Sugar loves to bond to water. This bond determines how tall our breads rise or how much our cookies spread. Sugar bonding with water prevents starches and proteins in the flour from binding to that moisture, causing gluten development to slow down. The diminished gluten development gives the baked good a softer texture and prevents it from drying out. The right balance of gluten, starch, and sugar determines if you will have a soft or dense baked good. To put this into perspective, too much sugar will lead to a floppy loaf of bread or too little sugar will lead to a bread with consistency more similar to that of a pretzel roll.

Those in the food industry will be familiar with the Maillard Reaction, the browning effect produced during the baking process. This golden-brown color we want to see on our bread comes from sugar caramelizing at high temperatures. The more sugar, the darker the color of the browning.

To reproduce browning, a commonly used replacement method is adding a combination of erythritol and allulose. These ingredients, coupled with stevia to bring the sweetness up to par, are great pairings that have proven effective. Considerations to keep in mind when using erythritol and allulose to reduce sugar include the duration of baking, heat, and browning. Allulose tends to brown faster than sugar, so time and temperature need to be adjusted as necessary. Additionally, erythritol does not brown nor does it give a soft and chewy texture when used at high concentrations. This is due to erythritol being hydroscopic. It works well in baked goods that already have a high moisture content, such as cheesecakes.

There are many different bulking agents to choose from depending on what requirements and labelling standards you may be looking to achieve. Common ones include sugar alcohols, rare sugars, soluble fibers, and inulin.

Sugar alcohols are popular in bakery items - Innova Market Insights
Source: Innova Market Insights

Maltitol, erythritol, and sorbitol are common ingredients used in bakery items due to their sweetening and humectant properties. Maltitol is a sugar alcohol that is commonly used as a sugar alternative and has less of the cooling effect that is more commonly associated with erythritol and xylitol. Allulose, a rare sugar, has also been an increasingly popular ingredient, especially given that allulose has browning capabilities which can mimic the Maillard browning from sugar.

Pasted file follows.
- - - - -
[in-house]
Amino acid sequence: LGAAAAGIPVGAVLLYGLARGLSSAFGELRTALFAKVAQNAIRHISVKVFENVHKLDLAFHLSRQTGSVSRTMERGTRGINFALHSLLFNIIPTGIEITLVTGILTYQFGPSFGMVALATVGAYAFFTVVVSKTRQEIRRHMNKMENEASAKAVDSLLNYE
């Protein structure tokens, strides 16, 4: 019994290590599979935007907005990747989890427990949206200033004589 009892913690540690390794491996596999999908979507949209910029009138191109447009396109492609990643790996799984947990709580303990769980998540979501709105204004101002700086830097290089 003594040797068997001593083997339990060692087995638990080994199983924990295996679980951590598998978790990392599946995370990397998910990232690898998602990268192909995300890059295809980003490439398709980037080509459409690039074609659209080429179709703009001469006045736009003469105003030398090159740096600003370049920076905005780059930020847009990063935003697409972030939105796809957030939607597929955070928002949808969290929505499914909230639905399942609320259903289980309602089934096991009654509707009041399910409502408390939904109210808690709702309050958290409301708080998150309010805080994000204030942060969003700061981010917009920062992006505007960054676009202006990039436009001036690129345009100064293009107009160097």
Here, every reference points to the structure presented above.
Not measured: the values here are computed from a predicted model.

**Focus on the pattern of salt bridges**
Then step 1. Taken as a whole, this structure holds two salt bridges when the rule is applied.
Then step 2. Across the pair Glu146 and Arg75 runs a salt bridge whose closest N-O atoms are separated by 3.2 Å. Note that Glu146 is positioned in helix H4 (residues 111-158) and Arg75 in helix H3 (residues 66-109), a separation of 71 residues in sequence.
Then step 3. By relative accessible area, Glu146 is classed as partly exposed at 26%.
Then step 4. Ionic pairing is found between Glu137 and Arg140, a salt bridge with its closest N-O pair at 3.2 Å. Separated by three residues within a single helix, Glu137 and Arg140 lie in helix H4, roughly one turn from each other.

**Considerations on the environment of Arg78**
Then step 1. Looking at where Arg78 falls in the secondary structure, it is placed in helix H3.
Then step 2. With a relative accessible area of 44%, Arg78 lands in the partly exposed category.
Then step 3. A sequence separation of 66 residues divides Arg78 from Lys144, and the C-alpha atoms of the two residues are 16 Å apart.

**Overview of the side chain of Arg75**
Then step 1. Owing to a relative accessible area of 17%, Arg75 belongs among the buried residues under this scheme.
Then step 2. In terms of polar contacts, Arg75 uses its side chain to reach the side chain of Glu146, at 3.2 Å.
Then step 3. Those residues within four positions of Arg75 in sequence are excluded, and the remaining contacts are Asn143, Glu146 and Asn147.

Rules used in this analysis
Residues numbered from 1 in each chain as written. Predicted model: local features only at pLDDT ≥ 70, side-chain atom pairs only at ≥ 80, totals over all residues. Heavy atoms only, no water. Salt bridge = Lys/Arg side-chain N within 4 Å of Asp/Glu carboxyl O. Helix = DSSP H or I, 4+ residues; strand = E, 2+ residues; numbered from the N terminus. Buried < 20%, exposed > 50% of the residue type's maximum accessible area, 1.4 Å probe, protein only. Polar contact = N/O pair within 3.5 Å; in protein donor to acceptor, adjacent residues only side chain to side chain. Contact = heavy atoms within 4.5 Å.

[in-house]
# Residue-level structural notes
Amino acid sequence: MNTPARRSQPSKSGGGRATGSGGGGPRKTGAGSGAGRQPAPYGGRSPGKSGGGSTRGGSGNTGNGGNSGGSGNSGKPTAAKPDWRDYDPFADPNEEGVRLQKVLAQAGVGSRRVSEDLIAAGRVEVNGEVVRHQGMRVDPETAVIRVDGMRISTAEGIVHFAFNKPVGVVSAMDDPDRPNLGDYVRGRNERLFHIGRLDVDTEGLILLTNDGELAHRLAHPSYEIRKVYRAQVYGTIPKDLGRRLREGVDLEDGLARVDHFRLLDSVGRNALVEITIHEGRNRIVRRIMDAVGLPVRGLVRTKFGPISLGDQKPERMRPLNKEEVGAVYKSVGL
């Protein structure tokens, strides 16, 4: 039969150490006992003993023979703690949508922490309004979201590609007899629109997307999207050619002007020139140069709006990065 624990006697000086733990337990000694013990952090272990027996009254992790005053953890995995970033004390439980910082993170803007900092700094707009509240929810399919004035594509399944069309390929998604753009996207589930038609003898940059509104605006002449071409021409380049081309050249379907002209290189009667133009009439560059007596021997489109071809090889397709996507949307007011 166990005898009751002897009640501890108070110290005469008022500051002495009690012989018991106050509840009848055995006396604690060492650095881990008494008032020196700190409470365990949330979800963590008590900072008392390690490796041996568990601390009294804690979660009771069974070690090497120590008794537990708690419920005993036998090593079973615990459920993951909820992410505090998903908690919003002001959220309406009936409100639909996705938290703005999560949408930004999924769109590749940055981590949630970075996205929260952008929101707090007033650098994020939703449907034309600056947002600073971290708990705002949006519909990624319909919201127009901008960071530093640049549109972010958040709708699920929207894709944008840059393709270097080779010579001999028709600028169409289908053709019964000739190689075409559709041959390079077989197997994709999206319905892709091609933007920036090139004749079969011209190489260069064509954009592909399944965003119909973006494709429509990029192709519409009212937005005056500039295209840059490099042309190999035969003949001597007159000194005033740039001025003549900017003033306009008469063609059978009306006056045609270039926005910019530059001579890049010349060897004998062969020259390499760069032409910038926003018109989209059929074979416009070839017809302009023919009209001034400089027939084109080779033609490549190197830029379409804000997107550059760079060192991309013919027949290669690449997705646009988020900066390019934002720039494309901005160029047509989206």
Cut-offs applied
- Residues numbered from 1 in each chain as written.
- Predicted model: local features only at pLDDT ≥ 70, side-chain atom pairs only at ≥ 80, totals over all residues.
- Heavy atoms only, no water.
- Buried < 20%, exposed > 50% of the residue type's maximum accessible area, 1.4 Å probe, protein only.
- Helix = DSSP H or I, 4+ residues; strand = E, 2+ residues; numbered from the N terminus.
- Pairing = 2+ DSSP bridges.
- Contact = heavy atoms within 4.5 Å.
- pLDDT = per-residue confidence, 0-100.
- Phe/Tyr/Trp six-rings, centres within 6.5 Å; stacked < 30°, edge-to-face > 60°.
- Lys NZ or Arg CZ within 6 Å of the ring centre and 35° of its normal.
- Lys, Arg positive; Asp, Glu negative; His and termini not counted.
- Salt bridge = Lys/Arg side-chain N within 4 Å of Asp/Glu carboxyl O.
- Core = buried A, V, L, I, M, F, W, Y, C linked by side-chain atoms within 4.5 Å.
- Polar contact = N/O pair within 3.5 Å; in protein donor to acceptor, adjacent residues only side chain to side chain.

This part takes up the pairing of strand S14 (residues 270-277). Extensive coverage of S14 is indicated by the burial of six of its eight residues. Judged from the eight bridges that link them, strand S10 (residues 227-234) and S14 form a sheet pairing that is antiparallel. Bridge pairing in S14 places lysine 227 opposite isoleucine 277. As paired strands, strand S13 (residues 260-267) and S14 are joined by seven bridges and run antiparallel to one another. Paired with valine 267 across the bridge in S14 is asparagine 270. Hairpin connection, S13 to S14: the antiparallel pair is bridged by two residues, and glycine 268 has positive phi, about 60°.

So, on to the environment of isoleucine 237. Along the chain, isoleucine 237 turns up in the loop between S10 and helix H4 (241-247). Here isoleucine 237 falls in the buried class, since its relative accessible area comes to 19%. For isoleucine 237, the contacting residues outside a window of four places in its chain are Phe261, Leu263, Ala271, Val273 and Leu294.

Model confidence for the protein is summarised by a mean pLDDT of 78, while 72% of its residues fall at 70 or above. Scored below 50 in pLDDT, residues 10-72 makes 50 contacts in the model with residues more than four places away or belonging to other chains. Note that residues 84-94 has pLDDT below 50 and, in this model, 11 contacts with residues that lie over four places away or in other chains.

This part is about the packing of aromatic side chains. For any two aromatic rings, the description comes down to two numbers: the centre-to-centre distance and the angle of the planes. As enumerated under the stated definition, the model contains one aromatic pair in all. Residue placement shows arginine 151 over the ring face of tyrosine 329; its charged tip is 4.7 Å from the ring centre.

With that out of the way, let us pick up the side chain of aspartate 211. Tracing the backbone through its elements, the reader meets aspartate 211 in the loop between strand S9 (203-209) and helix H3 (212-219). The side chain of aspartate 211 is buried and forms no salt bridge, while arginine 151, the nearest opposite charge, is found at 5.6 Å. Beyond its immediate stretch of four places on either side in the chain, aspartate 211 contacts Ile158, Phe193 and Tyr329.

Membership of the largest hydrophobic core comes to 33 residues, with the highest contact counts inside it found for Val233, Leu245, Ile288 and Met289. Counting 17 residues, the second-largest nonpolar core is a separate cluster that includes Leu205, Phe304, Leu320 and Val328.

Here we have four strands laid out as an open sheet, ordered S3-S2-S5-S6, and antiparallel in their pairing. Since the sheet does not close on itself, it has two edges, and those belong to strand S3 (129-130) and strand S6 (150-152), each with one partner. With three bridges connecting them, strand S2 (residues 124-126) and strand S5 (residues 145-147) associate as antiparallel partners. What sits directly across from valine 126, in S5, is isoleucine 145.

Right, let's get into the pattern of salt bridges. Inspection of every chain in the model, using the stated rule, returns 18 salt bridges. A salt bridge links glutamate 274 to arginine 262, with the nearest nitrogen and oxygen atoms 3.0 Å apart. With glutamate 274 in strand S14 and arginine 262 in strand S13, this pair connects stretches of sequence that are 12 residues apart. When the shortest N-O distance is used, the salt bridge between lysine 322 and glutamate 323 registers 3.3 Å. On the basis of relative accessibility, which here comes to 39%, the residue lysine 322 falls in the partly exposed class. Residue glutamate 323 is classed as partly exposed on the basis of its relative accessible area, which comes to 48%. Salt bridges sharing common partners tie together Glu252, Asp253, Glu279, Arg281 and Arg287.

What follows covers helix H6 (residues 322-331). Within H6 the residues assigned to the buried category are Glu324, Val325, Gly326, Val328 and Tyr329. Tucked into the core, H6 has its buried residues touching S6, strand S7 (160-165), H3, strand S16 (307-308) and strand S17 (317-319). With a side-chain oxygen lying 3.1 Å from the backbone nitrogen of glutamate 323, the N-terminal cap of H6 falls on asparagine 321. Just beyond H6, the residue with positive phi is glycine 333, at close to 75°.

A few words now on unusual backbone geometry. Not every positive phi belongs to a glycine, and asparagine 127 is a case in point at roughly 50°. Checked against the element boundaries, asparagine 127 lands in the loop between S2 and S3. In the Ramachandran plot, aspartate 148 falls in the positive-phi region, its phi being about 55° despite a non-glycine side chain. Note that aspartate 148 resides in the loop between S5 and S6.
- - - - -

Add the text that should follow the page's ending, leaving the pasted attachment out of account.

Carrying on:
Another aspect in choosing a bulking agent is whether a clean label or natural ingredients are important claims to the product. In such cases, using dietary fibers for bulking and binding is a popular choice considering they have a low impact on glycemic index. These are best used in combination with a high intensity sweetener like stevia or monk fruit since most soluble fibers provide only a little bit of sweetness.

High intensity sweeteners like stevia perform differently in baked applications than in other applications. The bitterness or off-notes threshold for stevia in baked applications is much higher than for beverage or dairy applications, usually double or triple the amount. Although solubility is not as much of a concern in baked applications compared to beverages, heat stability should be taken into consideration. Certain rebaudiosides like Reb D and Reb M are only heat stable up to 354°F and 284°F respectively, while Reb A can be heat stable up to 390°F.

Baked applications made with stevia and other polyols or fibers require a more skillful balance of ingredients as well as manufacturing processes. The same technique used in a cake with sugar must be adapted to accommodate for the differences that the sugar alternatives bring.

Sugar alternatives can mimic certain characteristics of sugar but there is no singular solution to replacing sugar and all its functional properties. A product that completely eliminates sugar sacrifices taste in many cases. An effective sugar reduction strategy does not come at the complete expense of the product’s taste, texture, shelf life, and ultimately, consumer satisfaction.

When you consider the challenges and complexities, fully replacing sugar in baking is not always feasible. Although it may seem counterintuitive, leaving some sugar in the formulation is highly effective at achieving sugar reduction objectives without compromising on taste and quality. After all, many baked products are still meant to be indulgent. Rather than replace sugar entirely, you may be more successful by leveraging a suite of sugar reduction ingredients to reduce calories and eliminate some percentage of sugar while still maintaining a taste profile that matches consumer expectations.

The ongoing evolution of sugar reduction in baking presents promising advancements that align with modern consumer expectations for healthier yet indulgent treats. As the demand for lower sugar content in food and beverages continues to rise, the baking industry is poised to innovate with ingredients and techniques that maintain the desired taste, texture, and appearance of baked goods. By embracing these advancements, bakers can meet the growing consumer preference for healthier options without compromising on quality. The future of baking lies in striking this delicate balance, ensuring that reduced sugar formulations become the new standard in kitchens and bakeries around the world. As this trend gains momentum, we can anticipate a healthier, yet equally satisfying, future for our favorite baked goods.

Through a combination of scientific expertise and formulation innovation, HOWTIAN partners with our baking customers to achieve optimal results in sugar reduction. To learn more about partnering on your next project, get in touch with one of our specialists today.